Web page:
Local lawmakers get a shot in the arm
The polls that show so many Republicans around the country resisting COVID-19 vaccines is certainly discouraging for those of us who believe a healthy and fulsome vaccination regimen is crucial to getting the country back to normal.
I am happy to report that every single legislator in eastern Connecticut, Republicans and Democrats alike, responded in an informal survey I made this week that they have started or completed vaccination or are scheduling a shot.
They all spoke encouragingly about vaccination in their responses, a sign, I'd say, of healthy pandemic leadership.
Republican Greg Howard of Stonington disclosed he had to put off vaccination for a while because he had COVID-19.
"I was fortunate (young and healthy) so I fared pretty well," Howard said in emails explaining that he is awaiting a shot, now that 90 days have passed since he was sick.
I reached out to eastern Connecticut lawmakers after a story in the Providence Journal reported that only 3 of 14 Rhode Island Republican legislators responded to that newspaper's survey to say they had gotten or planned to get a shot.
In contrast, about half of 99 Democratic lawmakers responded, with all but two saying they had or planned to get shots.
Most shocking to me was the response in Rhode Island by Rep. Blake Filippi of Block Island, whose district also covers Charlestown and parts of South Kingstown and Westerly, telling the newspaper it was none of anyone's business.
"Respectfully, I won't respond to any query that seeks details on such personal and private medical decisions," he told the newspaper.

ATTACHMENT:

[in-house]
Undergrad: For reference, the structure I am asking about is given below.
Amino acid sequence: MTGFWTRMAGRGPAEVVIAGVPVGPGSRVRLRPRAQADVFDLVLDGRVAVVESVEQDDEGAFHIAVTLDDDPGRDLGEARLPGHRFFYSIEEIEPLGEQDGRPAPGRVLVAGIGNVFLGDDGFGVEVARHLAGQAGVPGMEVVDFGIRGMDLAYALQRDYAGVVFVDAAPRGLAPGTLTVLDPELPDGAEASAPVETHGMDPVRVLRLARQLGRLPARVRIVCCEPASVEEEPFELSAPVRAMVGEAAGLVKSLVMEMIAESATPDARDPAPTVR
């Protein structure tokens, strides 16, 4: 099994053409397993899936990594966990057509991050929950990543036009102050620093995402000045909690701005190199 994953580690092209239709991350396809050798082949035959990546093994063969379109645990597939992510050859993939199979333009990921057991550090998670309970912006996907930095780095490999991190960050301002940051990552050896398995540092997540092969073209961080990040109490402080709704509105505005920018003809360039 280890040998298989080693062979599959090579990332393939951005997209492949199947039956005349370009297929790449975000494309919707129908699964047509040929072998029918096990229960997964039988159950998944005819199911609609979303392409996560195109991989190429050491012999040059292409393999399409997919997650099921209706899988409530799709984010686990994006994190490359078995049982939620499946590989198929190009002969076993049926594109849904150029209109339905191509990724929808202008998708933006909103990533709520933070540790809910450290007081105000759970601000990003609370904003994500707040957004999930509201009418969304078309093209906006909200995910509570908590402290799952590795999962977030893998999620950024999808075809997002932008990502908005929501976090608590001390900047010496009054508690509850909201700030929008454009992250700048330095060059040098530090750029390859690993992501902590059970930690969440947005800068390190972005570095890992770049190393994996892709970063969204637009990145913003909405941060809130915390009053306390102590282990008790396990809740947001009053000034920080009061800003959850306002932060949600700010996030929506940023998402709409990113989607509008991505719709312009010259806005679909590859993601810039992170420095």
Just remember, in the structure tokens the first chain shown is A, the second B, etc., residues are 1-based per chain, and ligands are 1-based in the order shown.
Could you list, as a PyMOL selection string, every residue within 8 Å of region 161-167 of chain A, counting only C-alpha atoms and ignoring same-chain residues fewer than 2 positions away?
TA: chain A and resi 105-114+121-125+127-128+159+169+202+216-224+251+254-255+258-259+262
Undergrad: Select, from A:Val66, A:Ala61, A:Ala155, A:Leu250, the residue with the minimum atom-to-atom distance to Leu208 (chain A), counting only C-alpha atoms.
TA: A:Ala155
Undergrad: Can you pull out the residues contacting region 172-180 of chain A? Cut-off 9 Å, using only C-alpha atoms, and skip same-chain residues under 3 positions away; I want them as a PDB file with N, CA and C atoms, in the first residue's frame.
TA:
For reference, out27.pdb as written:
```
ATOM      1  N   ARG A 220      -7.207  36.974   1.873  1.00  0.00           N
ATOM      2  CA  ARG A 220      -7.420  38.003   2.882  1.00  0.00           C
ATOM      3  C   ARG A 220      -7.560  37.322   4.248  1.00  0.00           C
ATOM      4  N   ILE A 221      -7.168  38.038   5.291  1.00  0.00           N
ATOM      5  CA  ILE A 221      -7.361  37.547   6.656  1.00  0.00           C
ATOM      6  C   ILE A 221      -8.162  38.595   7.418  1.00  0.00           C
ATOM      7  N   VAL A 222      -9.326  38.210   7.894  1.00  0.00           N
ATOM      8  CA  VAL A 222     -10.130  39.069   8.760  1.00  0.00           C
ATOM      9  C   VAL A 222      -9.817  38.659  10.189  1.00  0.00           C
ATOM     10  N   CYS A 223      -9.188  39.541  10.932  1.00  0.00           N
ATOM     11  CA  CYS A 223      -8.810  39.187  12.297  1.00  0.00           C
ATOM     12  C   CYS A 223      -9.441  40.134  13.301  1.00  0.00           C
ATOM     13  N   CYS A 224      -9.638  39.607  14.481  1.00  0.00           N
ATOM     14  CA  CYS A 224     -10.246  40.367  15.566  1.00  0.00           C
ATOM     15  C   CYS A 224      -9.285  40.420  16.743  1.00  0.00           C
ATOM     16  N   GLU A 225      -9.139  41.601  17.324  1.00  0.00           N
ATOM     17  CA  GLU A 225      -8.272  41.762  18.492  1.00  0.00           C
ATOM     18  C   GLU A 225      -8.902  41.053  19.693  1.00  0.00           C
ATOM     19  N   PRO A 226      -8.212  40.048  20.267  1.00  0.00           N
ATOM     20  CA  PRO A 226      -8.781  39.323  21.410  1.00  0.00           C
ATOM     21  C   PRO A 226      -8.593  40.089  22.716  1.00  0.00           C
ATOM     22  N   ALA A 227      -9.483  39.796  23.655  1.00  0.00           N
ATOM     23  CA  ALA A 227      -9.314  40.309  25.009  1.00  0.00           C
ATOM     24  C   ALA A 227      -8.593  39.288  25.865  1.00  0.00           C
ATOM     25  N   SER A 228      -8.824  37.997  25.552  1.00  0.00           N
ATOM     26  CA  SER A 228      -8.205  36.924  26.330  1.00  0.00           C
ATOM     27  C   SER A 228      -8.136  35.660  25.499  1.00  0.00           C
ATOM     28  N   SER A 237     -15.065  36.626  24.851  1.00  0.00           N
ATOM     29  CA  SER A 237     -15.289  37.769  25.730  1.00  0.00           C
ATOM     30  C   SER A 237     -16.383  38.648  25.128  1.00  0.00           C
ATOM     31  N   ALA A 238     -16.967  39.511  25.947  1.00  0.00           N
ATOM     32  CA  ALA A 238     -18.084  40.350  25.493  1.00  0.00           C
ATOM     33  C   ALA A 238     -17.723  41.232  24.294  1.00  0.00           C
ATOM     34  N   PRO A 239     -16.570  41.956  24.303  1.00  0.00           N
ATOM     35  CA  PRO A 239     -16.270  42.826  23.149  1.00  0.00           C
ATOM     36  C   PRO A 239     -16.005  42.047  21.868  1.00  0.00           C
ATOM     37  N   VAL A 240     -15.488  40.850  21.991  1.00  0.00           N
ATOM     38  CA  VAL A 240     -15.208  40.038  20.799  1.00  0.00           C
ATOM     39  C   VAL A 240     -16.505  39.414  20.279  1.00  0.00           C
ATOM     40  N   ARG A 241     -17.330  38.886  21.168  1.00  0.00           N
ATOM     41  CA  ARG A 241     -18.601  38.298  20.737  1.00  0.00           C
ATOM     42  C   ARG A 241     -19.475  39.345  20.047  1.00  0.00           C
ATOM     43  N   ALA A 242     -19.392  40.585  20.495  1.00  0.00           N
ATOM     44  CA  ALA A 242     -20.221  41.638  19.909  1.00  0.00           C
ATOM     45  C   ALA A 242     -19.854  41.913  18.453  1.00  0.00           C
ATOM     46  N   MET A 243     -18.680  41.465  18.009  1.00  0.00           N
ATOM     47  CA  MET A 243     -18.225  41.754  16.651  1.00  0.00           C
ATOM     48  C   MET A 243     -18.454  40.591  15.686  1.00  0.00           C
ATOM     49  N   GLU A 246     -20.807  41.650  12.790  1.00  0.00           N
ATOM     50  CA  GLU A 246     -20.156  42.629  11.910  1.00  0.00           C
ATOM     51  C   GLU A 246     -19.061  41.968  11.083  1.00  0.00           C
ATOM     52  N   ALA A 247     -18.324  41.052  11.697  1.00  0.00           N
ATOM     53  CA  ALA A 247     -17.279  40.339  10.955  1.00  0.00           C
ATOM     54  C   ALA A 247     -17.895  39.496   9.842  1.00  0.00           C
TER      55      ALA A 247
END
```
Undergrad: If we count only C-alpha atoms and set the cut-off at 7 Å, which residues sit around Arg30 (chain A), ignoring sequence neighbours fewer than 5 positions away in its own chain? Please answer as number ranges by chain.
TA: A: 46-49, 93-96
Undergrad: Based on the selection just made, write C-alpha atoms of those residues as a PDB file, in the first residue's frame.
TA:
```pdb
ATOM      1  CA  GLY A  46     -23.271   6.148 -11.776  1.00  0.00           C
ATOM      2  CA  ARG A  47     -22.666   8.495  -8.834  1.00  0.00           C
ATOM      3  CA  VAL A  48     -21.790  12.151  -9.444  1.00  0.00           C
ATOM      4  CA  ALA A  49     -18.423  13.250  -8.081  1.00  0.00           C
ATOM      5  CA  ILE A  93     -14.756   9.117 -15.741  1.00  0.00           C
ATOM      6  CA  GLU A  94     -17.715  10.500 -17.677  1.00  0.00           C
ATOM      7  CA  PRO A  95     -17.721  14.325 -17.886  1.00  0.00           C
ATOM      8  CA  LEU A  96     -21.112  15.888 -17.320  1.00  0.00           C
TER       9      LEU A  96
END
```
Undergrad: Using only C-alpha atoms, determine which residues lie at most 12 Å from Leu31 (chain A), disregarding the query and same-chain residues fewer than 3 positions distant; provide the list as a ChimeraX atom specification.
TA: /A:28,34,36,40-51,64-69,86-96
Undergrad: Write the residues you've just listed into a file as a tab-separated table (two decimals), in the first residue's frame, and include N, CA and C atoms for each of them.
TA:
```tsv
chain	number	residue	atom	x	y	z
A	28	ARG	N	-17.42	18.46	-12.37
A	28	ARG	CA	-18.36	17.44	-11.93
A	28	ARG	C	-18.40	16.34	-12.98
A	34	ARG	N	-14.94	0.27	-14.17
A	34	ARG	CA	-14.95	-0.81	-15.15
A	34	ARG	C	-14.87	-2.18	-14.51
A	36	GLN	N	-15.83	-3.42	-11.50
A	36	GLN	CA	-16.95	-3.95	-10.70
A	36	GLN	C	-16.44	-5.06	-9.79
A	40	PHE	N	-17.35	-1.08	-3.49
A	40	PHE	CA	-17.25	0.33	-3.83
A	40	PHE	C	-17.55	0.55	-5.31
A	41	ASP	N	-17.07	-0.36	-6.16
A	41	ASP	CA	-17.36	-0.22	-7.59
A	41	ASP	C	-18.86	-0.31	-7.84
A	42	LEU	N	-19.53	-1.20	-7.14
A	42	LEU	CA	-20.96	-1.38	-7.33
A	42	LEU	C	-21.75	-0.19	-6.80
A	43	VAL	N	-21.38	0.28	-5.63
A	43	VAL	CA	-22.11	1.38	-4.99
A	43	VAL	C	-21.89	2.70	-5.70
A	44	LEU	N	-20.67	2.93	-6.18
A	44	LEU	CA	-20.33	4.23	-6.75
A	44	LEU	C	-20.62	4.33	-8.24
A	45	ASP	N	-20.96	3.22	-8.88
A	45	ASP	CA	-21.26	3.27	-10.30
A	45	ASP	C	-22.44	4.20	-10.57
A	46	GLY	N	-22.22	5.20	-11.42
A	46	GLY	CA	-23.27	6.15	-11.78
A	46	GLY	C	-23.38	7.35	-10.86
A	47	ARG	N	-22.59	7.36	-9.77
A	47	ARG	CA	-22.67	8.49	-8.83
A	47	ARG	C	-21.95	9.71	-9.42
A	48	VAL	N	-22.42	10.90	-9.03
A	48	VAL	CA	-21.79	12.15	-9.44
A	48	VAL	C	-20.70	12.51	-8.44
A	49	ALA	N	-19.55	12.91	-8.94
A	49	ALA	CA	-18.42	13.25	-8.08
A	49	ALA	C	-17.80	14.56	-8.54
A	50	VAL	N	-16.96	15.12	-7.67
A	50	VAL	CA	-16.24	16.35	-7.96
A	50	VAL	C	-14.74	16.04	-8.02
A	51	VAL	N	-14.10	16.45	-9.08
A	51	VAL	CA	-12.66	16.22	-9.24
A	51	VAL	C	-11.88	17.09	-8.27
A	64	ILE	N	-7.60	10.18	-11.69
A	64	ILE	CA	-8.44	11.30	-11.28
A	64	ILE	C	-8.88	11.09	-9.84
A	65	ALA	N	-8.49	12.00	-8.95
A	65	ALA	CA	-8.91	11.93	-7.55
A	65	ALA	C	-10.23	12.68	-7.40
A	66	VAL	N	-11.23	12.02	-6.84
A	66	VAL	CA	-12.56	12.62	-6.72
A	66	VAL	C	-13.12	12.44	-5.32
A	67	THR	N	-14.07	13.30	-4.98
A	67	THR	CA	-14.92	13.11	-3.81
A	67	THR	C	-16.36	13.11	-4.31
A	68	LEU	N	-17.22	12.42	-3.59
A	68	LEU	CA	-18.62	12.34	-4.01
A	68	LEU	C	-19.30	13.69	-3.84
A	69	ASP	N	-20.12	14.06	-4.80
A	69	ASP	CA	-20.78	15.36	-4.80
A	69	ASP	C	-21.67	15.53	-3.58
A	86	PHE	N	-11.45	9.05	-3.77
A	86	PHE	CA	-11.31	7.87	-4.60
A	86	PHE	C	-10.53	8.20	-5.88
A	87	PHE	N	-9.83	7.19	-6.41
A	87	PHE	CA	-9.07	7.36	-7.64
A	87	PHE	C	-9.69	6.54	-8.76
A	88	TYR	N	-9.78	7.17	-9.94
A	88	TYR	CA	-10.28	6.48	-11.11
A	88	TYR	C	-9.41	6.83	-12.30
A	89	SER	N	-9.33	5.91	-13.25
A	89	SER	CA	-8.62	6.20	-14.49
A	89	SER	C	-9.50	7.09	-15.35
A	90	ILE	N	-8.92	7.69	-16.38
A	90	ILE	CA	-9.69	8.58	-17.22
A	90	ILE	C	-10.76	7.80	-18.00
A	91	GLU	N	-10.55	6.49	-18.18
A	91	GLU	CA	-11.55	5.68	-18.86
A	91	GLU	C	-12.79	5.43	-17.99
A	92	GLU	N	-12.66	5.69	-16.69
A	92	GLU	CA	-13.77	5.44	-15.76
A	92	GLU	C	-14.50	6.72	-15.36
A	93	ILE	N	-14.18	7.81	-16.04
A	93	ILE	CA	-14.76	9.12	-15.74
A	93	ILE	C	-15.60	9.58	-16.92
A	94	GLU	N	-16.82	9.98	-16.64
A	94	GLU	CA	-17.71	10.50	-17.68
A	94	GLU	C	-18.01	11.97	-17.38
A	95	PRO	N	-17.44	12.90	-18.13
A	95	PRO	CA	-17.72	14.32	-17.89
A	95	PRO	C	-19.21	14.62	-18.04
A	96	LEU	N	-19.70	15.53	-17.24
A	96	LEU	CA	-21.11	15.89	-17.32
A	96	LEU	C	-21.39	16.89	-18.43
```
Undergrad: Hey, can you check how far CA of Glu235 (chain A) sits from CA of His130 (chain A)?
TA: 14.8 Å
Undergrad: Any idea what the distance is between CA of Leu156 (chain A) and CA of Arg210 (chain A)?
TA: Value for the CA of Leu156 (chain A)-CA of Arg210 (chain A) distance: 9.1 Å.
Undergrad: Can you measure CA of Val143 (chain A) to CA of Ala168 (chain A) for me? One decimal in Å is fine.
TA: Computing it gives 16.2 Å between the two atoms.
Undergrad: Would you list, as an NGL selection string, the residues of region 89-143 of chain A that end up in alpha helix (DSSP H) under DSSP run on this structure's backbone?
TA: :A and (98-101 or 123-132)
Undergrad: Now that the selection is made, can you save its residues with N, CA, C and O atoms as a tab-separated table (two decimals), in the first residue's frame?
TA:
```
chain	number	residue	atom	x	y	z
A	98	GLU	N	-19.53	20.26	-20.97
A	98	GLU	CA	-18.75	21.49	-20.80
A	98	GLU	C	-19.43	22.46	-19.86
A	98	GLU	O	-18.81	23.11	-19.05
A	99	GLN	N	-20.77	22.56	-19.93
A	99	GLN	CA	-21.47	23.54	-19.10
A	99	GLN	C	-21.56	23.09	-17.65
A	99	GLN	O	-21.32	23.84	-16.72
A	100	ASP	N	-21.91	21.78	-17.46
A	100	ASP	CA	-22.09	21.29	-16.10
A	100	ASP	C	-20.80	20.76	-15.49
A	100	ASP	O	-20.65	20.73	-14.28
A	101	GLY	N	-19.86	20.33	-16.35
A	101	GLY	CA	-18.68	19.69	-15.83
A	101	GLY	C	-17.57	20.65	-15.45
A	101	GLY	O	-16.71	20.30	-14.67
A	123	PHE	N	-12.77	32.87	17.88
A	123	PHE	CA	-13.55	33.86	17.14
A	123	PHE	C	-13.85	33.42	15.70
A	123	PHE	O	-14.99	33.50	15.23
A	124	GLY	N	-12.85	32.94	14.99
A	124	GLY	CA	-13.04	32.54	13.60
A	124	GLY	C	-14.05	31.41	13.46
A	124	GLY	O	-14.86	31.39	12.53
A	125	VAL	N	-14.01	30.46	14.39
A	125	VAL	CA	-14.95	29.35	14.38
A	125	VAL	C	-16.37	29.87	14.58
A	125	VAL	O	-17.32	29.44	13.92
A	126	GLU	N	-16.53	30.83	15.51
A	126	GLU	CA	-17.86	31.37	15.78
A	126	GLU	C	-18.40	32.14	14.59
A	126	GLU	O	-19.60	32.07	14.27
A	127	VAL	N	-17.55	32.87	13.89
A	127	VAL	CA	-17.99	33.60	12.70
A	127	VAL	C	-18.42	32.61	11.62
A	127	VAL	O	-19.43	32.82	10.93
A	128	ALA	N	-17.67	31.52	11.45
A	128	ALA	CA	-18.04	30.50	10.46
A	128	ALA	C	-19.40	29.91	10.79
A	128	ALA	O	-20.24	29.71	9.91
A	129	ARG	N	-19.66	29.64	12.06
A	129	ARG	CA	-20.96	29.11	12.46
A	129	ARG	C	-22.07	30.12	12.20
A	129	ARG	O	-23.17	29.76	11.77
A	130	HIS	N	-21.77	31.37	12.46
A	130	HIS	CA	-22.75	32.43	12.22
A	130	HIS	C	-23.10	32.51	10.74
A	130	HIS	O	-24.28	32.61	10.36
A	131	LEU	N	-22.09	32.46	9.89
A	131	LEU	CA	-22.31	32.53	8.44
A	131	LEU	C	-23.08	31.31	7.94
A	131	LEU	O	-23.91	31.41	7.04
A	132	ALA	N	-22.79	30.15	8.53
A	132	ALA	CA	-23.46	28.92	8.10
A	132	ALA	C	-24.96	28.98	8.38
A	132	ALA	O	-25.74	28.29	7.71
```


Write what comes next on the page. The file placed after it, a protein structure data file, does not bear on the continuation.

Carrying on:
If Filippi is so adamant about the secrecy of his health, especially as it pertains to public health, he ought to give up elected office and live as privately as he likes.
If the lawmaker got a shot and won't admit it because of some perceived political bias against vaccination among his constituents, then shame on him.
If he didn't get a shot because of some medical complication, he could say that and surely no one would press him for details.
Filippi is the House minority leader, and failing to address the issue of vaccinations and how they can help us all is a decided failure of leadership.
I know people on Block Island who have had to devote a day to getting a shot, going off island by ferry and then traveling on the mainland to a place where they could get an appointment.
It's too bad that Block Islanders didn't enjoy the kind of accommodation residents of Fishers Island got. New York state leaders, recognizing the challenge of getting off Fishers Island and the risks of a pandemic where there isn't full emergency care, vaccinated every resident of the island on the island.
But then it seems clear Block Island's representative wasn't going to help them get better access to vaccines.
Connecticut lawmakers turn out to be enthusiastic vaccine promoters, based on the responses I got.
Sen. Cathy Osten of Sprague told me she has worked to help the homebound and developmentally disabled get shots.
Sen. Heather Somers said through a spokesman that she has held virtual answer sessions about the vaccine to address concerns for those hesitant about receiving it. She is on the Covid Vaccine Advisory Committee.
Some, like Rep. Christine Conley, praised the science.
"I thank all of the scientists who made this possible, including those who work locally at Pfizer," she wrote.
This is the opinion of David Collins.
Editor's Note: This version corrects the first name of state Rep. Greg Howard, R-Stonington.
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